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    How about accuracy? Knowing the number of satellites or the accuracy helps when you process the data - say if two track went down the same 4 lane highway, one might show off in the median while another is more accurate and is accurate enough to tell which lane it is in.
    Quote Originally Posted by ghettocruzer View Post
    I was gung ho on building a PC [until] just recently. However, between my new phone having internet and GPS and all...and this kit...Im starting to have trouble justfiying it haha.
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  8. #8
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    How about accuracy? Knowing the number of satellites or the accuracy helps when you process the data - say if two track went down the same 4 lane highway, one might show off in the median while another is more accurate and is accurate enough to tell which lane it is in.
    That's why I was thinking collect the raw NMEA sentences and figure out what we need later on.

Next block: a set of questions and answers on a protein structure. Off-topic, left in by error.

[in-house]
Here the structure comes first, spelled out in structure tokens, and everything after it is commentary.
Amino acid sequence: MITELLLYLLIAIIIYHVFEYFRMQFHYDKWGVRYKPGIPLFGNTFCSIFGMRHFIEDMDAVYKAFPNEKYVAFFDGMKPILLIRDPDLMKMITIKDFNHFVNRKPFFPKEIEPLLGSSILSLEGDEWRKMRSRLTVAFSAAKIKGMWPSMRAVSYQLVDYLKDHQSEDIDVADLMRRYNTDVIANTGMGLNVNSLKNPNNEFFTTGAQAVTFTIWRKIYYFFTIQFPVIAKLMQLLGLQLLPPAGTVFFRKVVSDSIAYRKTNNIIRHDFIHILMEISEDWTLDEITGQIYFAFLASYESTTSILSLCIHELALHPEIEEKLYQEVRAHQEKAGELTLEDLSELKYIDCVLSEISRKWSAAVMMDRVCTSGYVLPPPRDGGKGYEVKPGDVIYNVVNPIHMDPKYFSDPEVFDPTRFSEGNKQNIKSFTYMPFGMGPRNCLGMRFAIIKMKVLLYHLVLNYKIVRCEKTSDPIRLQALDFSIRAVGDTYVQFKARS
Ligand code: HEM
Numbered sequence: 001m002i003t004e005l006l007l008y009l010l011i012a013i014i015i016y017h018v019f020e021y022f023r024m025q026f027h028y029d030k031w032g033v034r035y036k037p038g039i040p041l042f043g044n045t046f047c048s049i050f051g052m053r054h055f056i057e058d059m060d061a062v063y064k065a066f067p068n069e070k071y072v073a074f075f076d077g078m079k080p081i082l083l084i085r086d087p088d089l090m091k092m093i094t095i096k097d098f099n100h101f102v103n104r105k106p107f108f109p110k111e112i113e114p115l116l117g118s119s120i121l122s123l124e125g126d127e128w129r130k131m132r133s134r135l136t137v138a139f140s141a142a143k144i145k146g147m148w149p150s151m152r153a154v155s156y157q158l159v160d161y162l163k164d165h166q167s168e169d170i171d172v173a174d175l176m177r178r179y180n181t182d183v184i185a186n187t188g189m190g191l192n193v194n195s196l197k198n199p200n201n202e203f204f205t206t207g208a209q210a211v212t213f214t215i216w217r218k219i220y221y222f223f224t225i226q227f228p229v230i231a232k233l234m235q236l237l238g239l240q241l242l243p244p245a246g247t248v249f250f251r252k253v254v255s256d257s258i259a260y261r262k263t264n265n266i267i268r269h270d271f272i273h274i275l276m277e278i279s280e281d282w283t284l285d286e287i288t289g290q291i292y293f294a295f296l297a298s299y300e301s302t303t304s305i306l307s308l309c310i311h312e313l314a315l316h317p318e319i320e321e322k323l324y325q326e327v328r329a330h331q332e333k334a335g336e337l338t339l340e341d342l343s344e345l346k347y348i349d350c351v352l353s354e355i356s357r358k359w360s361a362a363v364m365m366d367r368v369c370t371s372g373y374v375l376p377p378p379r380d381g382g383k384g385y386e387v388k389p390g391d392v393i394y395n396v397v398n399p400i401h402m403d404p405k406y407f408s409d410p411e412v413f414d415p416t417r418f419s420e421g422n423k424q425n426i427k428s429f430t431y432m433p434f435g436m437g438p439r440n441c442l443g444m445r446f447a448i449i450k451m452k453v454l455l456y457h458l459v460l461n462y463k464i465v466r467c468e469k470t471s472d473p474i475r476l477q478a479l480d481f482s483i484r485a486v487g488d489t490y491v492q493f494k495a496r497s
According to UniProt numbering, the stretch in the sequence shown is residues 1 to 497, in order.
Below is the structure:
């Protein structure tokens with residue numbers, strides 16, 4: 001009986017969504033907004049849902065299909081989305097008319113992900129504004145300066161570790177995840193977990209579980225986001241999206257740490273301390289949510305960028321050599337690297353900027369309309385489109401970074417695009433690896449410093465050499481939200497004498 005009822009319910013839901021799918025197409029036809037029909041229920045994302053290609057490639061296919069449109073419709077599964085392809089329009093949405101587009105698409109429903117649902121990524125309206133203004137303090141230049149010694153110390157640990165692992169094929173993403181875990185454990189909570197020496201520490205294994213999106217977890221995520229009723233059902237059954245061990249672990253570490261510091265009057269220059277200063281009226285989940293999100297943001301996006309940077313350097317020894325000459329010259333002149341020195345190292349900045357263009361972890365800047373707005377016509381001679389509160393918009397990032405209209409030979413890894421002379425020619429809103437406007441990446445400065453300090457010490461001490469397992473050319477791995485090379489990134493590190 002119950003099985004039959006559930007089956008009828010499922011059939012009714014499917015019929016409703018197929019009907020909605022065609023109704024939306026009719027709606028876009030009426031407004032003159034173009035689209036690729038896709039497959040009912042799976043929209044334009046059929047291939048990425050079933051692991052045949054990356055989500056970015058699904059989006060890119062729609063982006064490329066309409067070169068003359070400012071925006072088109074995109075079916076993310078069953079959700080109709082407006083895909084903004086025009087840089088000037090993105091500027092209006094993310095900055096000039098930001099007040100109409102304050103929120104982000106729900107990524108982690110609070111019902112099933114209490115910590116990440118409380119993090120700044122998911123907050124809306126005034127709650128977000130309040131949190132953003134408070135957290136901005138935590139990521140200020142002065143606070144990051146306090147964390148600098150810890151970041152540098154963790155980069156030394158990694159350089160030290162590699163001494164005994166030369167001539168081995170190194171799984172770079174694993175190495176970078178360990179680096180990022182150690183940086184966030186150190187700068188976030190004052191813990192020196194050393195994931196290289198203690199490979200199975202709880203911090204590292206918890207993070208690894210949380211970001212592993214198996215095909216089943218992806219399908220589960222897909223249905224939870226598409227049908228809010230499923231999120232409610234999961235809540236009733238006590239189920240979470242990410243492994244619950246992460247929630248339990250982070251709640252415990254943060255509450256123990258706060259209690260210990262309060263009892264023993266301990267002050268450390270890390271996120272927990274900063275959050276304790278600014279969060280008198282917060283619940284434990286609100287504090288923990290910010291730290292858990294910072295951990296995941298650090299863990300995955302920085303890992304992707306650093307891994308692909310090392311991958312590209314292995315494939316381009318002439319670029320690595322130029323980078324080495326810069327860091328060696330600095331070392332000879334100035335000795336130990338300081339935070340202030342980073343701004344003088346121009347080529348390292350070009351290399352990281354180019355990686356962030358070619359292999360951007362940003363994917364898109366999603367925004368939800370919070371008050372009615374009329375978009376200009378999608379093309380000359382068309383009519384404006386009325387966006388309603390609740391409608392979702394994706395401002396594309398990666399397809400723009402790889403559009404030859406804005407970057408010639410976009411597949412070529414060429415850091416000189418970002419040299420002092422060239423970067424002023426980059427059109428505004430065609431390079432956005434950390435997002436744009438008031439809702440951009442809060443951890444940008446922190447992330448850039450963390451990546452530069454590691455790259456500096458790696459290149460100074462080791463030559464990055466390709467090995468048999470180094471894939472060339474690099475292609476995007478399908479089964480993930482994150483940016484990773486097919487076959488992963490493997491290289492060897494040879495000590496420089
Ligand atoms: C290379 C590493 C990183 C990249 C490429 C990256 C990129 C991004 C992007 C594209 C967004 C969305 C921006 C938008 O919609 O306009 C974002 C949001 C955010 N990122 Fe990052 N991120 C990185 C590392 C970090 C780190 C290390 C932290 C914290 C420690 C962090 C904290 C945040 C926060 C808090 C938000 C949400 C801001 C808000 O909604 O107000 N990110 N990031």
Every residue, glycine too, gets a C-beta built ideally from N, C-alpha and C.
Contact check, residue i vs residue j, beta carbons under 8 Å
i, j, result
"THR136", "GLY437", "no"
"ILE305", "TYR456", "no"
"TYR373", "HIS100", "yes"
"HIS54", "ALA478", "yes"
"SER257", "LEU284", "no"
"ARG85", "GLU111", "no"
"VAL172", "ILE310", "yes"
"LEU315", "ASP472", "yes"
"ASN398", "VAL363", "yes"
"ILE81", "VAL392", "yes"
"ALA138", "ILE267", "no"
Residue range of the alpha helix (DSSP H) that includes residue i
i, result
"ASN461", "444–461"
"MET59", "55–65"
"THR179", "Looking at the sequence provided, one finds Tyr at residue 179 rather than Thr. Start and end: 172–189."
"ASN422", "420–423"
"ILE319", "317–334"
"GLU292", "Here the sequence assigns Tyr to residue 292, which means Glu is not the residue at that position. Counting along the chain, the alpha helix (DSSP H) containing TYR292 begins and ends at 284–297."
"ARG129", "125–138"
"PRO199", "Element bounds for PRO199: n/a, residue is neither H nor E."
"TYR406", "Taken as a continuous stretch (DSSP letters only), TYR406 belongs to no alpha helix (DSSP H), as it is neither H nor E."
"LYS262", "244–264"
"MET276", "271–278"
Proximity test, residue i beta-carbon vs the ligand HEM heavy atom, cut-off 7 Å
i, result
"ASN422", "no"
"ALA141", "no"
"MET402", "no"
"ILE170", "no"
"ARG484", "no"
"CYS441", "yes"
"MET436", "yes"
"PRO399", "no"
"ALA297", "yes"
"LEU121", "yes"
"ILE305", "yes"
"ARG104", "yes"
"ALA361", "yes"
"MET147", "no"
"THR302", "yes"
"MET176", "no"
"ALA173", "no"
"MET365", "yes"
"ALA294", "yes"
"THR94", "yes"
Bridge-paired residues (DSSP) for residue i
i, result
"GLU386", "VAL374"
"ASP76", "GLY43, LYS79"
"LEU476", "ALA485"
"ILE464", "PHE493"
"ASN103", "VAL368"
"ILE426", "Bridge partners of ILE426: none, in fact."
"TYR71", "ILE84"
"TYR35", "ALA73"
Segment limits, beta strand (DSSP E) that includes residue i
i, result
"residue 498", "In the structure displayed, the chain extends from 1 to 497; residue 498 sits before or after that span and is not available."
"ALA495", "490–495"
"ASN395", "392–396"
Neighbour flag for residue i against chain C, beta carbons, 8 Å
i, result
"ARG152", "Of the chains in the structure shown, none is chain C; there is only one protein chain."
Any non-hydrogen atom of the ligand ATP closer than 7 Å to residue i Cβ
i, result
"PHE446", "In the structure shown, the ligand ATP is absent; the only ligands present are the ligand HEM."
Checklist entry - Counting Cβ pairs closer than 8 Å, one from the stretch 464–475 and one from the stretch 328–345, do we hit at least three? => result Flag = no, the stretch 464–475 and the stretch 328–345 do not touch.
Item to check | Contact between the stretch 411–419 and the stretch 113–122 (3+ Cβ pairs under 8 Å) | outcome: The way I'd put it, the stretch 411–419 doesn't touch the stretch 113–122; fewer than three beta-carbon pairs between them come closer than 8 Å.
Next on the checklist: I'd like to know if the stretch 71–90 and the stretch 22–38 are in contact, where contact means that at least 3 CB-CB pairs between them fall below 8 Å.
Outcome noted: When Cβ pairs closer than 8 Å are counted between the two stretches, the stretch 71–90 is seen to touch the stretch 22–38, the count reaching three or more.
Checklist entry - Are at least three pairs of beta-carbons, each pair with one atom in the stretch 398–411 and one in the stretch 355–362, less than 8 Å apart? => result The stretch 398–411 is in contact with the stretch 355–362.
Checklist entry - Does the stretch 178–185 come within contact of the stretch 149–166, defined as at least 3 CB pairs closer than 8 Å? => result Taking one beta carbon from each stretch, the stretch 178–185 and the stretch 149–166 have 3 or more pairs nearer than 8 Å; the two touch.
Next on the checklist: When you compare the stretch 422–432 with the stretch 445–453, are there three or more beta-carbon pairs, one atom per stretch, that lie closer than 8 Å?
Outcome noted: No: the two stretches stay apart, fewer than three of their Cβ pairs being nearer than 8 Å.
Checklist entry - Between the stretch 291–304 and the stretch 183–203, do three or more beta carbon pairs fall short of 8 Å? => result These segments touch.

The OSM guys don't need that info, but it would help if we were to do our own routing engine based on the OSM data.

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    Quote Originally Posted by Bugbyte View Post
    How about accuracy? Knowing the number of satellites or the accuracy helps when you process the data - say if two track went down the same 4 lane highway, one might show off in the median while another is more accurate and is accurate enough to tell which lane it is in.
    i completely agree. I would think your readings would get more accurate with every pass.

    You might even be able to determine where urban or physical signal "canyons" are to present a map of GPS dark areas. I am not sure what you would do with that, but it might be interesting.

    Collection all the raw data might also give you an insight into the health of the GPS satellite network.

  10. #10
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    I think we should collect the same data that is contained in the NMEA sentences (eg all of it), but compress it to a binary format for upload to the server to save server space. It doesn't need to be collected and uploaded AS sentences, but I think we should save all the data. There is nothing worse than collecting a bunch of data, only to realize you left something out that could've been very helpful. Has there been any discussion on a data format as of yet? Fixed length field, TLV or something else? Being as GPS data is very reliably consistent, I think it would save space to go with fixed length field values, just my two cents.